For years now the headlines have shouted out that young people are not ready for the world of work. A British Chambers of Commerce survey said "young people need more support to make transition from education to work".
The statistics are scary:
- 88% of businesses think school leavers are unprepared for the workplace.
- 54% think graduates are not work ready.
- 76% of the nearly 3,000 UK companies surveyed report a lack of work experience as one of the key reasons young people are unprepared for work. Unfortunately, the Government abolished compulsory work experience back in 2012.
- 57% said that young people are lacking basic 'soft' skills such as communication and team working.
John Longworth, then Director-General of the BCC said: “It isn't about pointing the finger at young people - it is a joint responsibility between businesses, educators and government.”
I couldn't agree more, and this article explains why.
If employers are so dissatisfied, then why is it that year after year the same headlines appear? Why isn’t more being done to address it by our education institutions?
I believe there is a limit to what our education institutions can achieve, and why employers need to take immediate action by developing essential business skills in their young employees.
Read most university strategy plans and employability skills are a central tenet and priority. They invest a considerable amount of resources providing careers guidance. They encourage students to attend CV preparation and employability skills development sessions.
Colleges and universities are committed to ensuring that as many students as possible are placed on work-experience; thanks to the support of local and national employers.
So why isn’t this working?
Because, as good as it may be, this is no substitute for the real thing!
Employability skills are learned before joining the real world of work, whereas business skills are developed in the workplace.
Let’s consider the following scenario for learning a foreign language.
A student elects to learn a foreign language, for example, French. They attend dedicated classes with a French-speaking teacher. They learn words and phrases and practice speaking, reading and writing in class. They consolidate their learning through homework. If lucky, they’ll go on a field trip to France and be immersed in the language – and critically – the culture.
Afterwards, can they speak French fluently? Possibly, if one of their parents is a native speaker and makes a point of speaking to them in French regularly, otherwise probably not.
If the student really wants to speak, read and write French then they should go and live in France for a period of time; where every day they will use the language and experience the culture.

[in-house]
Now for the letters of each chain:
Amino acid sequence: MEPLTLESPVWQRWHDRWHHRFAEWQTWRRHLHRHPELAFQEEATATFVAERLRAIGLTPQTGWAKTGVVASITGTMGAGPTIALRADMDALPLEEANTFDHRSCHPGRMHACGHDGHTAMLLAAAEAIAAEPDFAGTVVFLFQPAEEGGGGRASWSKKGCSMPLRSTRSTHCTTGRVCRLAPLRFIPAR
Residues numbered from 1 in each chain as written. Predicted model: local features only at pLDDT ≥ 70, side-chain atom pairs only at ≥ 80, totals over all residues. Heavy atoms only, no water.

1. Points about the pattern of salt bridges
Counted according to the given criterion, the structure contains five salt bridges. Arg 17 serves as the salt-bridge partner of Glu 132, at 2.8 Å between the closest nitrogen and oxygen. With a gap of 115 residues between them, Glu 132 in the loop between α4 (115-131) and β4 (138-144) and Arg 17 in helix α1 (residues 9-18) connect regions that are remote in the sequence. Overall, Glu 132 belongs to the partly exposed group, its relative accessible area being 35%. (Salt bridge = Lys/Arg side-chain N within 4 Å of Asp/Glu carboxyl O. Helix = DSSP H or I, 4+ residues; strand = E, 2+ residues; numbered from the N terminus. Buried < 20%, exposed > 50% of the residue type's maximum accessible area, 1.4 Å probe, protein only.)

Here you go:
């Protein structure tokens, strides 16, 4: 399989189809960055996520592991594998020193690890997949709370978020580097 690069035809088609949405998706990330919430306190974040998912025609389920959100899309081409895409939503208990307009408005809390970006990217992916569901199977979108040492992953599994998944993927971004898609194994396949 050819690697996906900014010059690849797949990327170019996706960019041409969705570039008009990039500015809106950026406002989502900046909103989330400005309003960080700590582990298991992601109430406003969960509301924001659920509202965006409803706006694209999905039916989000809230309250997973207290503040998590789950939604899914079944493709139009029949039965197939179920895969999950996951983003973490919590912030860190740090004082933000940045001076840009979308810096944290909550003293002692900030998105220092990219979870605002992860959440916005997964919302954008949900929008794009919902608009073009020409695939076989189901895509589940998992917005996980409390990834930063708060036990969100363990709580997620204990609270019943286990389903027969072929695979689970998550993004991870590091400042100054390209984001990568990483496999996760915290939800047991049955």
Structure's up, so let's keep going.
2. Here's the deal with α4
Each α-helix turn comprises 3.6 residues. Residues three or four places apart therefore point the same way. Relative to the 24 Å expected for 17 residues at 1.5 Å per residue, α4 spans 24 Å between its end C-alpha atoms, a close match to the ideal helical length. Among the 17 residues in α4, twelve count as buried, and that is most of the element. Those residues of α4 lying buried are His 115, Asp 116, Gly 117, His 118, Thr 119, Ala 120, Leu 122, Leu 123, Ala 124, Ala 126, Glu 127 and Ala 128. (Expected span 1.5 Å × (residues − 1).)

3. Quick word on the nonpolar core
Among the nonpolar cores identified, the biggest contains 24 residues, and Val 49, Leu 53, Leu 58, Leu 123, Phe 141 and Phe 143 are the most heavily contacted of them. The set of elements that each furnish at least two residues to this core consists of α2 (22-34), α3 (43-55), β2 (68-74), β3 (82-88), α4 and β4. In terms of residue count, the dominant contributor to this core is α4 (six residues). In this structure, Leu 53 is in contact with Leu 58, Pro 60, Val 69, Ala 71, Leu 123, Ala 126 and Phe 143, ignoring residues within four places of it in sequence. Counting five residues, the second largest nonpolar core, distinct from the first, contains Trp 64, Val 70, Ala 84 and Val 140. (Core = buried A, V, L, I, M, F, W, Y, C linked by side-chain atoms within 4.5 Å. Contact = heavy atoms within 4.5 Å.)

My own son did this. He went to live in a foreign country. He had learned the language at school and yet still couldn’t speak it fluently.
After he completed an extensive 6-month language course, he commenced work.
I spoke to him two weeks into his first job. He said “Dad, I’ve learned more [local language] in the last couple of weeks than I did on the language course.” I said “Son, no you haven’t. However, you have applied what you’ve learned and rapidly consolidated it.”
There is no substitute for application in a real world context.
So, why do employers have such high expectations of our education institutions to make young people proficient in employability skills?
There is a limit to what they can do to prepare young people and graduates with employability skills for the world of work.
Employability skills are mostly learned implicitly on the sports field (teamwork) or as the head of a society (leadership and management) rather than explicitly. Employability skills are learned implicitly each time a student has to plan an essay (preparation) and meet a deadline (time-keeping) or participate in a group discussion (communication skills).
However, few students are told this explicitly; after all, educators are experts in their academic field and focused on imparting their knowledge in the classroom.
It is employer’s responsibility to ‘take up the baton’ and develop essential business skills in their young employees during their first year in their employ.
Essential business skills are:
- Personal management
- Interpersonal behaviour (emotional intelligence)
- Communication skills
- Team working
- Problem solving
- Industry intelligence
- Customer relationships
- Financial acumen
The most effective place for young employees to learn them is while in employment and consolidate them in the workplace.
There is a well-known learning model called 70:20:10. 70% is learned and developed through experience; 20% from colleagues and mentors; 10% on formal courses.
Providing your young employees with a formal ‘graduate-style’ development programme is an excellent way of helping them to learn and understand core business skills and terminology.
In the workplace, they will apply what they’ve learned on a daily basis, so that within a relatively short period of time, they will become proficient, productive and professional.
Their colleagues and mentors will help them to understand the real world context when applying their new found skills.
It’s a win-win-win.
A win for the young employee; a win for their colleagues; and a win for your organisation.
You don’t have to be a large employer with an HR/L&D department, expertise, space or deep pockets to provide one, as you can outsource the formal component of essential business skills development for your young employees.
So it’s time for you, as employers, to stop making the headlines, and start doing more to develop the business skills of your young employees so that they can lay down a solid foundation on which to build a successful career, and achieve their potential.
Enough talking. It’s time for action.
It’s the right thing to do.